‘Overwhelming’ public support for protection of cash use, report shows

Submissions from the public will be ‘an important input’ to new national payments strategy, says Minister for Finance Michael McGrath

Access to cash and its acceptance as payment for public services are key issues the Government should address when developing its new national payments strategy, members of the public have told the Department of Finance.

On Wednesday, it published a report summarising about 85 submissions from individuals and organisations across the public and private sector to a public consultation, part of a wide-ranging review of the Republic’s payments system.

Some 66 per cent of submissions made by members of the public raised the issue of cash acceptance, according to the report, with roughly 56 per cent of the overall total of submissions mentioning the issue.

“In relation to ATMs, a number of submitters noted concerns surrounding fees being charged and in particular, access fees for using an ATM,” the department said. “Some noted ATM fees should be covered by legislation, noting that affordable costs to access cash should be the same regardless if a customer is receiving it from an in-branch ATM.”


Cashback services in retail settings are particularly important for people who are in vulnerable circumstances, it was noted. “Additionally, it was also noted that cash is a useful tool for people who are budgeting and also that the colour and shape of notes and coins is used by some people with digital and literacy needs.”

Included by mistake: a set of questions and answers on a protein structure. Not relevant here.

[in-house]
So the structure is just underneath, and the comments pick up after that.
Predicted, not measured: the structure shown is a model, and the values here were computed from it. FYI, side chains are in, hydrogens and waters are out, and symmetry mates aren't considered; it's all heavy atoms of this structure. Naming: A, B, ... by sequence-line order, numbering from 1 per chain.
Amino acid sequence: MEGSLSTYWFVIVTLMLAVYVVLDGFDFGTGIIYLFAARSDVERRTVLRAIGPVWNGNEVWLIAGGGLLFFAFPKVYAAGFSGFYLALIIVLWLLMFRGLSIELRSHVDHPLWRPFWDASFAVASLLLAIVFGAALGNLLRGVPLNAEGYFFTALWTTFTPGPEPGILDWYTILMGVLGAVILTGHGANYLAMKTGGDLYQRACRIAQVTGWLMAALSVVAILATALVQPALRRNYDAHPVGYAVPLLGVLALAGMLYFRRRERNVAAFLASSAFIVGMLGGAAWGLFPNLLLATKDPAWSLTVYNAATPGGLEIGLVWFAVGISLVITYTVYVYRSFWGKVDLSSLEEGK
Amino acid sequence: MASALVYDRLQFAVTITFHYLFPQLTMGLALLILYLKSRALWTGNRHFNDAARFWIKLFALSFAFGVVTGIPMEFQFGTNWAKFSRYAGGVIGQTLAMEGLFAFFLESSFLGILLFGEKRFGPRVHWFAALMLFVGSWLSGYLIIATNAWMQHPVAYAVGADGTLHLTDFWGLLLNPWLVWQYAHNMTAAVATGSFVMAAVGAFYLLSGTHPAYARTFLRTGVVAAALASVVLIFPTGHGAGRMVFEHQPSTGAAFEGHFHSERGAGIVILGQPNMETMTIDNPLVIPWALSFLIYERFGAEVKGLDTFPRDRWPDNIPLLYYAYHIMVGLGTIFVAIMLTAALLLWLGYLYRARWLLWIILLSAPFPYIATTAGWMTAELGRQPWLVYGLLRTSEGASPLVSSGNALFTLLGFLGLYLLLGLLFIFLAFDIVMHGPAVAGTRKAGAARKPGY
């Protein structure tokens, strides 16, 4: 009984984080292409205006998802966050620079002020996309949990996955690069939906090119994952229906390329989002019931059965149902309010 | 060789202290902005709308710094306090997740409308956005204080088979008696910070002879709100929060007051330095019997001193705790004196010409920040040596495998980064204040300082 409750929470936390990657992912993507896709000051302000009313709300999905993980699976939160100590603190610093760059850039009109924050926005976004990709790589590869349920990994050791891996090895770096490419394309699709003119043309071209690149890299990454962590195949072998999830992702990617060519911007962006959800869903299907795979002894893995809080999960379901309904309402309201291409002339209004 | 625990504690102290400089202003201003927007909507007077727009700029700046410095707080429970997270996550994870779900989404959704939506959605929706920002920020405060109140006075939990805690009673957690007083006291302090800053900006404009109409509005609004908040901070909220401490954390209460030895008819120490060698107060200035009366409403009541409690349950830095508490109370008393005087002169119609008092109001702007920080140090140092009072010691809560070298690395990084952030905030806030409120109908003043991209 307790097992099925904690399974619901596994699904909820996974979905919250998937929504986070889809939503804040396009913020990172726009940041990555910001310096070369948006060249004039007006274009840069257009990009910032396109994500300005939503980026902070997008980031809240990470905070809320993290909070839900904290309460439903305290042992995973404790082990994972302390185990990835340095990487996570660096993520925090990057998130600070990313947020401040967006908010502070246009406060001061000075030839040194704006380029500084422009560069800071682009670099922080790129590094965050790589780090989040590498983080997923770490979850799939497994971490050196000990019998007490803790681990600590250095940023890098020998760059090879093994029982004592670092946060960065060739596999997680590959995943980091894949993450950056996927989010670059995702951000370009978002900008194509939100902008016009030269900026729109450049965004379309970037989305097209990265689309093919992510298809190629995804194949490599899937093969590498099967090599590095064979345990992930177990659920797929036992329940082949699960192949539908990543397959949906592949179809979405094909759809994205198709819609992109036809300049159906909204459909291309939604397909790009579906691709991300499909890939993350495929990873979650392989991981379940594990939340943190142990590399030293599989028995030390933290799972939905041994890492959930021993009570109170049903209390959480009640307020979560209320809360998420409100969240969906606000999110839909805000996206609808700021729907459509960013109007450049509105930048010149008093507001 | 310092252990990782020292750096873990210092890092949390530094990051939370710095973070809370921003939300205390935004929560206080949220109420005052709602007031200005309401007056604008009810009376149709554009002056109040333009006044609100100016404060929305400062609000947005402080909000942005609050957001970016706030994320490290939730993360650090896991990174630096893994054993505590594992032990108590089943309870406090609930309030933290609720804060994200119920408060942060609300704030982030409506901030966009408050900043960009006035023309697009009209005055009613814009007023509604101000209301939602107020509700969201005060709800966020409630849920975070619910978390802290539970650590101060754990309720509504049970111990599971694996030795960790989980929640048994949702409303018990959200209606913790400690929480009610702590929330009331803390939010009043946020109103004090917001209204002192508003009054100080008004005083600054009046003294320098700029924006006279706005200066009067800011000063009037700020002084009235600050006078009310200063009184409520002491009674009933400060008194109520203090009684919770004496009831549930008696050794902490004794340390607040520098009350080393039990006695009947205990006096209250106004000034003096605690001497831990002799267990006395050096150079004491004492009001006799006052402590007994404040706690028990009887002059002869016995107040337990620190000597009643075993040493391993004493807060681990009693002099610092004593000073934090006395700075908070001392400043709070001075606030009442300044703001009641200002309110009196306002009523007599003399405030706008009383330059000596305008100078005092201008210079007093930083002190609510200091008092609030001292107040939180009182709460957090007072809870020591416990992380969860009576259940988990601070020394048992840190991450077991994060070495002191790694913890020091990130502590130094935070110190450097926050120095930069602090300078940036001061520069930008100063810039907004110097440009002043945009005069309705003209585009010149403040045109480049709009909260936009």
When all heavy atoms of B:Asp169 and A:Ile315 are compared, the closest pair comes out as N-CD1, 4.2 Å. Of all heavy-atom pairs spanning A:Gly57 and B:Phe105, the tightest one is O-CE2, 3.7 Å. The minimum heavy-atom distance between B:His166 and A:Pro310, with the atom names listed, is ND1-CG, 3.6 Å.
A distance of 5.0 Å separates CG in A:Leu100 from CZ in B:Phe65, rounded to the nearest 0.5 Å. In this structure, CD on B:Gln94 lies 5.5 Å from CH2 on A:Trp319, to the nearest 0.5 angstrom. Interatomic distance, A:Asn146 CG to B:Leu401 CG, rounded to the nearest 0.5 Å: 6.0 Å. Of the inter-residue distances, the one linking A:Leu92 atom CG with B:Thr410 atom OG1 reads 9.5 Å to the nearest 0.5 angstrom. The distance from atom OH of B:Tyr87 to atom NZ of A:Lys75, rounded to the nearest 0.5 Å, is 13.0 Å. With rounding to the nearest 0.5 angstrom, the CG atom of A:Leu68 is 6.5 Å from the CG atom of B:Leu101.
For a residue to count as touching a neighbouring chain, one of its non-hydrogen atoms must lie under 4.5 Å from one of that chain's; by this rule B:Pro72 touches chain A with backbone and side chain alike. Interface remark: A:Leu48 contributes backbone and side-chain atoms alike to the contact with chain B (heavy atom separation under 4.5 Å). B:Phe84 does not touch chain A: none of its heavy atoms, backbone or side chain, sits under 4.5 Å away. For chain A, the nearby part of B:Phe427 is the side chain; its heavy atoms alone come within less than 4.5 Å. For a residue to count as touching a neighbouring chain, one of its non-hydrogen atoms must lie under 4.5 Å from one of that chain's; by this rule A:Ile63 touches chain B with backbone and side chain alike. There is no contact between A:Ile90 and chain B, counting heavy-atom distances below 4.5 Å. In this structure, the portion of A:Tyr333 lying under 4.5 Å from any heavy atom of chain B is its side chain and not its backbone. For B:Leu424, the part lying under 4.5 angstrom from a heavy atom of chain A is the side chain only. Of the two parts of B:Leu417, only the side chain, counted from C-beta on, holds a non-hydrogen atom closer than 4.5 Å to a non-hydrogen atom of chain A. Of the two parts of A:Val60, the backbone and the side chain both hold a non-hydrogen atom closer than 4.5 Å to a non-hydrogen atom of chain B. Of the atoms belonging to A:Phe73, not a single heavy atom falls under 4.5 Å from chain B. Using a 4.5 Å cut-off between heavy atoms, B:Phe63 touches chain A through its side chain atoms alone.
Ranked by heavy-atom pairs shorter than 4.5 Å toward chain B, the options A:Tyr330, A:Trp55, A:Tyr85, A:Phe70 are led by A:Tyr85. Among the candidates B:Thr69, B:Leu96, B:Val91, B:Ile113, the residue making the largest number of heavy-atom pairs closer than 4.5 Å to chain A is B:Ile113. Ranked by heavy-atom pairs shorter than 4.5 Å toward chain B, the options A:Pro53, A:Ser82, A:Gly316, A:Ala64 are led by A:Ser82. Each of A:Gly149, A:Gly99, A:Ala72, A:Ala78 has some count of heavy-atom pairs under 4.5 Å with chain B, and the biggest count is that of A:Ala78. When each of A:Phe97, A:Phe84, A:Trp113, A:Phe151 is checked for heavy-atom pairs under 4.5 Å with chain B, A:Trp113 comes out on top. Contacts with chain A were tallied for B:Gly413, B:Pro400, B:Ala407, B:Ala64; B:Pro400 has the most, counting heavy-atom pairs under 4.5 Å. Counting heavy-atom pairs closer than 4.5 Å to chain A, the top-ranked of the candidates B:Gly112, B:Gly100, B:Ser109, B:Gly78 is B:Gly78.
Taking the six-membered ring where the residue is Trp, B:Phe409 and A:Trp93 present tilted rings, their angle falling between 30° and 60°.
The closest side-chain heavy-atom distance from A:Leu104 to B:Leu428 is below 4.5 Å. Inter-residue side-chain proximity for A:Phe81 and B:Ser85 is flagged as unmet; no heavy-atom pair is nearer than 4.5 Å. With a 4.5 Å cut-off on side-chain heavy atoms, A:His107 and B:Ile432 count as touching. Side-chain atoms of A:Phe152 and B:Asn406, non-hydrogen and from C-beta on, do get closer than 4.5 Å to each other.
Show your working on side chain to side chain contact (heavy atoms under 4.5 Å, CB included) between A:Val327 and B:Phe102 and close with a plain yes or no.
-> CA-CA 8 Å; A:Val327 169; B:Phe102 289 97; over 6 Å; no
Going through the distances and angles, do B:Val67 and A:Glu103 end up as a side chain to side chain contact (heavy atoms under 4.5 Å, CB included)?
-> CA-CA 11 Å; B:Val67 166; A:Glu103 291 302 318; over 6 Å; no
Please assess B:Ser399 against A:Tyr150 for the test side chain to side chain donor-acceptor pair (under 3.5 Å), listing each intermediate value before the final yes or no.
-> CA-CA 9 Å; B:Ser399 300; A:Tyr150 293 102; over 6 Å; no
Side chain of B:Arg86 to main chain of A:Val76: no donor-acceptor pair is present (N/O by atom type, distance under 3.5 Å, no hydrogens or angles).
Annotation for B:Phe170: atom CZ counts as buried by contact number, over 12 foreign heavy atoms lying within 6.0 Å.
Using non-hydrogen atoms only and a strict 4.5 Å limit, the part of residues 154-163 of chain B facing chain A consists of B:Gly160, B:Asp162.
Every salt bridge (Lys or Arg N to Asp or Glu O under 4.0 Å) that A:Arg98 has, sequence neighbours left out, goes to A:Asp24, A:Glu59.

Meanwhile, almost two-fifths of submissions to the public consultation referenced cash acceptance in their contribution. The same proportion of respondents mentioned cash acceptance in the public sector, with half of these noting it should be mandated or at least facilitated by public sector bodies.

One respondent noted that if public bodies stopped accepting cash, “this would have disproportionate effects on marginalised groups in society”.

Roughly two-fifths also raised the issue of cash acceptance in the private sector. The department said there was “overwhelming support for universal cash acceptance”, with 75 per cent of submitters noting it would be preferable for private sector businesses to accept both cash and electronic payments to maximise access and choice.

In a statement, Minister for Finance Michael McGrath, who initiated the review of the Republic’s payments system last year, said it was clear from the submissions that access and choice of payment methods are important issues for the public. He said submissions on those issues will be “an important input” in the finalisation of the national payments strategy this year.

The department said the final strategy will set out a “roadmap for the future evolution” of the payments system, “taking account of developments in digital payments, cash usage and how future changes should be made to the legislative criteria relating to access to cash.”

In its submission earlier this year, the Central Bank of Ireland said cash access must be safeguarded as part of the strategy.

Ian Curran

Ian Curran

Ian Curran is a Business reporter with The Irish Times